The changes to insurance are also important for her. It used to be that she would have had trouble finding coverage if there was ever a break in her insurance. That happened easily when your insurance dropped you while you were in college as happened to me. It was 8 months before I could get coverage through grad school. There are no lifetime maximums. That's important because she is a baby and if something bad happened she could hit a maximum while on chemo. After grad school I had a job without insurance. I nearly had to quit it because it was so hard to get insurance because of my history of plain old depression. One company declined to cover me because I didn't have 28 day menstrual cycles. Eventually I got terrible coverage with a $10,000 mental health deductible and no psych hospitalization that required me to pay 30% of medication costs. By the time I finished the clinical trial I was in I knew I had to get group insurance and i did. I was ready to leave that job but I would have had to no matter what because 30% of my meds was a big proportion of my income.
Insurance means her parents don't have to decide if they can risk skipping tumor markers. Insurance means that if she needs more surgery (and I pray every day that she doesn't) that it will be covered. If there is a suspicion that she has recurrence she can have an MRI and be sedated and it won't bankrupt her parents.
The answer is that it could have been bad. Realistically they could have gone to Cleveland Clinic and been in the same program I'm in assuming their income qualified them. In other states there are Medicaid programs; Ohio doesn't participate although she might have qualified for something. (Sort of like I have Medicaid....as long as I write a check for 87% of my income they'll cover other medical bills that month.) However that is a very, very long trip for them and would have made a difficult situation much more difficult. Also, Geraldine's condition is rare enough that pretty much one surgeon in the state is experienced with it. She needed that surgeon and she may need him again.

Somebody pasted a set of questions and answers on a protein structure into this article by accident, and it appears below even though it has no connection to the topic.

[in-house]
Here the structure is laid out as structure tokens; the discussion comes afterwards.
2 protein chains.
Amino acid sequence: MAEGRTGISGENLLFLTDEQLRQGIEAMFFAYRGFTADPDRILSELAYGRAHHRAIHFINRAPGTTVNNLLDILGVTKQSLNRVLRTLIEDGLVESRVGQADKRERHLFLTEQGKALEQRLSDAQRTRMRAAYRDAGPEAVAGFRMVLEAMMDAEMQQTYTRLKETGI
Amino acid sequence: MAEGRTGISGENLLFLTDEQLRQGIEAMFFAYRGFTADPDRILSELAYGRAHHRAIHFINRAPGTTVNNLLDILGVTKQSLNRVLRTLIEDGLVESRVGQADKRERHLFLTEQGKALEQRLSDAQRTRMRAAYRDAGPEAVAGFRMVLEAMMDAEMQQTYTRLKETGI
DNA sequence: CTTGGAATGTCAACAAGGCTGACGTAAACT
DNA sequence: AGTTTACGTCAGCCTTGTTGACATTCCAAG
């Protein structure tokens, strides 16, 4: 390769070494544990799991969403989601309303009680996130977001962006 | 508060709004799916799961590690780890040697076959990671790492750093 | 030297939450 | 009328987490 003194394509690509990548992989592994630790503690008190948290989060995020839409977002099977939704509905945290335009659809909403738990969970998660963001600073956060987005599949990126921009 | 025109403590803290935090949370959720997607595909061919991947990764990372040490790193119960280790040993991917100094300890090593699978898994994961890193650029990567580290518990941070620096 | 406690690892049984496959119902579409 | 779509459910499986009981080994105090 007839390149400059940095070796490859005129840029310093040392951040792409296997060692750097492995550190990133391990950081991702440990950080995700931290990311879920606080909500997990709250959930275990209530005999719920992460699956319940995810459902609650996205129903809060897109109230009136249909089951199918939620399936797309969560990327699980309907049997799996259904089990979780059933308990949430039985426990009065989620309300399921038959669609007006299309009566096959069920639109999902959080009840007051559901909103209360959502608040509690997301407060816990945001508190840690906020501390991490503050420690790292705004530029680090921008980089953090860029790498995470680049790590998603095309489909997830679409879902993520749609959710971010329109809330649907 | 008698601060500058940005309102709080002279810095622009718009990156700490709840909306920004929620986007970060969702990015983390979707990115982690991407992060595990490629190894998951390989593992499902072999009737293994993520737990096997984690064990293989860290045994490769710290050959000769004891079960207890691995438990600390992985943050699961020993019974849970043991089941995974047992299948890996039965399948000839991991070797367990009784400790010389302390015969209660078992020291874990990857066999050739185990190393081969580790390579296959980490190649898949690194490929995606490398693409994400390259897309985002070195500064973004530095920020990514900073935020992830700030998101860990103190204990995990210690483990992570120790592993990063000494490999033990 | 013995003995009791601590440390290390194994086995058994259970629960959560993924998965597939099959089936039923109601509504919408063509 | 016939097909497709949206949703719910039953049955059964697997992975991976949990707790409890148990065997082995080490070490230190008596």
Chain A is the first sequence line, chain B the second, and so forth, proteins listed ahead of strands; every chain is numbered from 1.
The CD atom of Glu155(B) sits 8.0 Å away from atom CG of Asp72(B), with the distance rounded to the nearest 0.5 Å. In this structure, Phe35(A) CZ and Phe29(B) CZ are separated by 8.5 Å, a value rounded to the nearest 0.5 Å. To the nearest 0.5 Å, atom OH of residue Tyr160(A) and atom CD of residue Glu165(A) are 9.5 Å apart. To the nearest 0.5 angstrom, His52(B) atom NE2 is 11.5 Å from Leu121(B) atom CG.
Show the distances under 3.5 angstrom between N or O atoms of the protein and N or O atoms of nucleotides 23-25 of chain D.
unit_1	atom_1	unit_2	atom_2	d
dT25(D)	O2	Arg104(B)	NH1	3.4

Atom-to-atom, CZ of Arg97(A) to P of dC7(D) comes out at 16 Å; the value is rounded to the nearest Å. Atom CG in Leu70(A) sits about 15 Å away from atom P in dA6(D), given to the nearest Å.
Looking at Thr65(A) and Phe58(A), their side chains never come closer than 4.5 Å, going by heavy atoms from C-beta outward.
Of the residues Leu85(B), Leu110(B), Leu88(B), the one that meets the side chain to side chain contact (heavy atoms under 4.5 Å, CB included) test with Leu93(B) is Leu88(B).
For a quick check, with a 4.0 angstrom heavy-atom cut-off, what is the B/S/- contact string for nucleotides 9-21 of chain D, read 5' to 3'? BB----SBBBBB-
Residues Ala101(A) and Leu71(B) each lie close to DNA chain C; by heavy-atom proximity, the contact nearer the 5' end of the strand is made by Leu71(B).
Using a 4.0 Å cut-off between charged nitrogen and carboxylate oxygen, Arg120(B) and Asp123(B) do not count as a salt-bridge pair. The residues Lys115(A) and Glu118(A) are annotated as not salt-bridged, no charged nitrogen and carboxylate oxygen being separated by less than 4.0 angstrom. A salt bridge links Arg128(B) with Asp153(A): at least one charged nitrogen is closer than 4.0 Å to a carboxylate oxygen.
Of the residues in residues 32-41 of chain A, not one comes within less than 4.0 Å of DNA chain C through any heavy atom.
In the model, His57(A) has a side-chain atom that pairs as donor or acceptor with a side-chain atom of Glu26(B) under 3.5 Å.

It is part of the process of dealing with having a baby who needs major surgery when her life is measured in days, not months. The shock hits over time and in the case of this diagnosis there will be ongoing testing quite frequently for a while and then tapering off over the next several years. There is a 20% recurrence rate and some percentage of those recurrences will be malignant. The goal is to catch any recurrence and remove it immediately. All that a recurrence requires is one cell to have been missed during surgery. This part, the part where she has a congenital condition and not "just" a tumor, that takes a while to hit because while she was waiting for and the recovering from surgery those things didn't matter. What hit my sister today is another variation on that: how could we manage all this expensive and necessary care without insurance?
This is a very divisive issue right now and I don't mean to offend anyone as I'm positive some of you won't agree with me. But I am going to post this because somehow this insurance thing has become less of a narrative and more like 2 sides of a very tall wall.I babysat my nieces today and happened to be there when the insurance statement for Geraldine's surgery arrived. My brother-in-law told my sister and I the total and that they didn't have to pay any of it because they'd met their deductible/out-of-pocket, probably with my sister's surgery 3 weeks before Geraldine's. My sister was horrified at the cost and then burst into tears. "What," she said, "would we have done without insurance?".